It's one thing for an autonomous car to strut on a warm, warm Californian tarmac, and another to do it on the frozen winter mix of northern Finland. Martti, a self-guided autonomous vehicle system in Finland, demonstrated that during a record drive along a treacherous Lapland road (to normal drivers).
Martti is one of two cars designed by the VTT Technical Research Center; it is designed to handle harsh and icy conditions, while its "spouse" Marilyn is made for more ordinary urban journeys. Different situations require different sensors and strategies – for example, simple optical cameras work poorly on snow-covered roads, and lidar is less efficient, so Martti will rely more on the radar. But Marilyn has a lidar mounted on the back for a better awareness of the situation in traffic.
Recently, Martti accomplished what the researchers claim to be a world first: driving fully autonomously on a real snowy road (and reaching 25 mph). Others, from Yandex to Waymo, have tested cars in the snow, but according to their reports, these conditions appear to have been more controlled. The Martti promenade was held in Muonio on a public road almost totally obscured by the snow.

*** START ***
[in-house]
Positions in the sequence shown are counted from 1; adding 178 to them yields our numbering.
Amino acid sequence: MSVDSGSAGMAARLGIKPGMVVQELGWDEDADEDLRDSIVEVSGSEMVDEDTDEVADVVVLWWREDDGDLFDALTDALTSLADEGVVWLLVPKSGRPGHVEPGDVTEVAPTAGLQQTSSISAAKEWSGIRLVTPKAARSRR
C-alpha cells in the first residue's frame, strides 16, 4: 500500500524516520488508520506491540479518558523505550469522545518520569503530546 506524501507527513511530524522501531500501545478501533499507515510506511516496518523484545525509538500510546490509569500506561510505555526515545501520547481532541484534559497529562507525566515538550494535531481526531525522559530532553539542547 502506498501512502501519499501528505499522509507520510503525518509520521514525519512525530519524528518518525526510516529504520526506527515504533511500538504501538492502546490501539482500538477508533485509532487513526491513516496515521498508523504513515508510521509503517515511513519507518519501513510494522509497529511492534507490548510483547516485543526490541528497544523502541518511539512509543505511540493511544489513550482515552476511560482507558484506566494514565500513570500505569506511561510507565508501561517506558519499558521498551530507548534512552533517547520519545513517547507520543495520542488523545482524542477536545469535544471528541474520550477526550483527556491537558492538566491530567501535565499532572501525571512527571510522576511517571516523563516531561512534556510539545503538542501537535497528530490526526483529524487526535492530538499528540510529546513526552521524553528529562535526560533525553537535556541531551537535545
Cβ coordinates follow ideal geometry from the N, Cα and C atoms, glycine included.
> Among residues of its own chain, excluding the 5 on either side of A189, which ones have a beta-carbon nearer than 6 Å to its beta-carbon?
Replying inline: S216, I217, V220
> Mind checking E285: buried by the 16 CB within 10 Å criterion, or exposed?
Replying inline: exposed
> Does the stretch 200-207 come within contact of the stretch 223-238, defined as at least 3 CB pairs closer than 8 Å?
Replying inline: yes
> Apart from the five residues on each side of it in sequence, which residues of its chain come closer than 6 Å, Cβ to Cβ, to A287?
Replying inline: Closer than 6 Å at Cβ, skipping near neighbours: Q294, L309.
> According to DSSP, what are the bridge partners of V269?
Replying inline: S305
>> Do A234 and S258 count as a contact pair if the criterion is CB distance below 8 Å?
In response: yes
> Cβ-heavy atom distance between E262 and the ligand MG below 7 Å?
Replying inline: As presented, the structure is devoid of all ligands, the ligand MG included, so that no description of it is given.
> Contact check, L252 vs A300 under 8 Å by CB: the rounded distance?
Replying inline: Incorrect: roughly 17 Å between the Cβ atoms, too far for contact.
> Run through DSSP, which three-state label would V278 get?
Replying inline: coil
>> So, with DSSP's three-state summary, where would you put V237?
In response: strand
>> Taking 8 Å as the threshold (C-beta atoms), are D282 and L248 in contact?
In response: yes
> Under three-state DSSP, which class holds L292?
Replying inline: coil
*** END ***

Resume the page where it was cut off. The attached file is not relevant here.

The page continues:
" He probably also made a new world record in fully automated driving, making 40 km / h in snow on snow-covered terrain with no lane markings," project manager Matti Kutila said in a report. MTB release. "He could have had even more speed, but in test, he is programmed not to exceed the limit of 40 km / h."
I'm not sure that going faster would be wise even on straight lines. But driving in the winter is not my specialty.
It is not a question of making a perfect consumption car for snowy weather, but of tackling the unique technical problems that come with it. For example, can Martti's optical instruments adjust the wavelength that they use based on the conditions in order to obtain a small but significant increase in accuracy? What about the detection of icy conditions and traction problems in advance – how should the car collect this data, and how should it act until the We know what to do?
Inter-car networks can be critical for this, suggest the researchers, including other autonomous cars on the road and specialized vehicles that can test and broadcast information such as snow, traction, road temperature etc.
In the end, this intelligence could prove very useful for applications such as automatic tractors, forestry trucks or emergency vehicles.
Soon the team will go even further in the Nordic environment: " Next spring, one of our vehicles can also be spotted in forest environments, when Marilyn and Martti have a new friend able to attack on all terrains. "
Image of hotel: ATV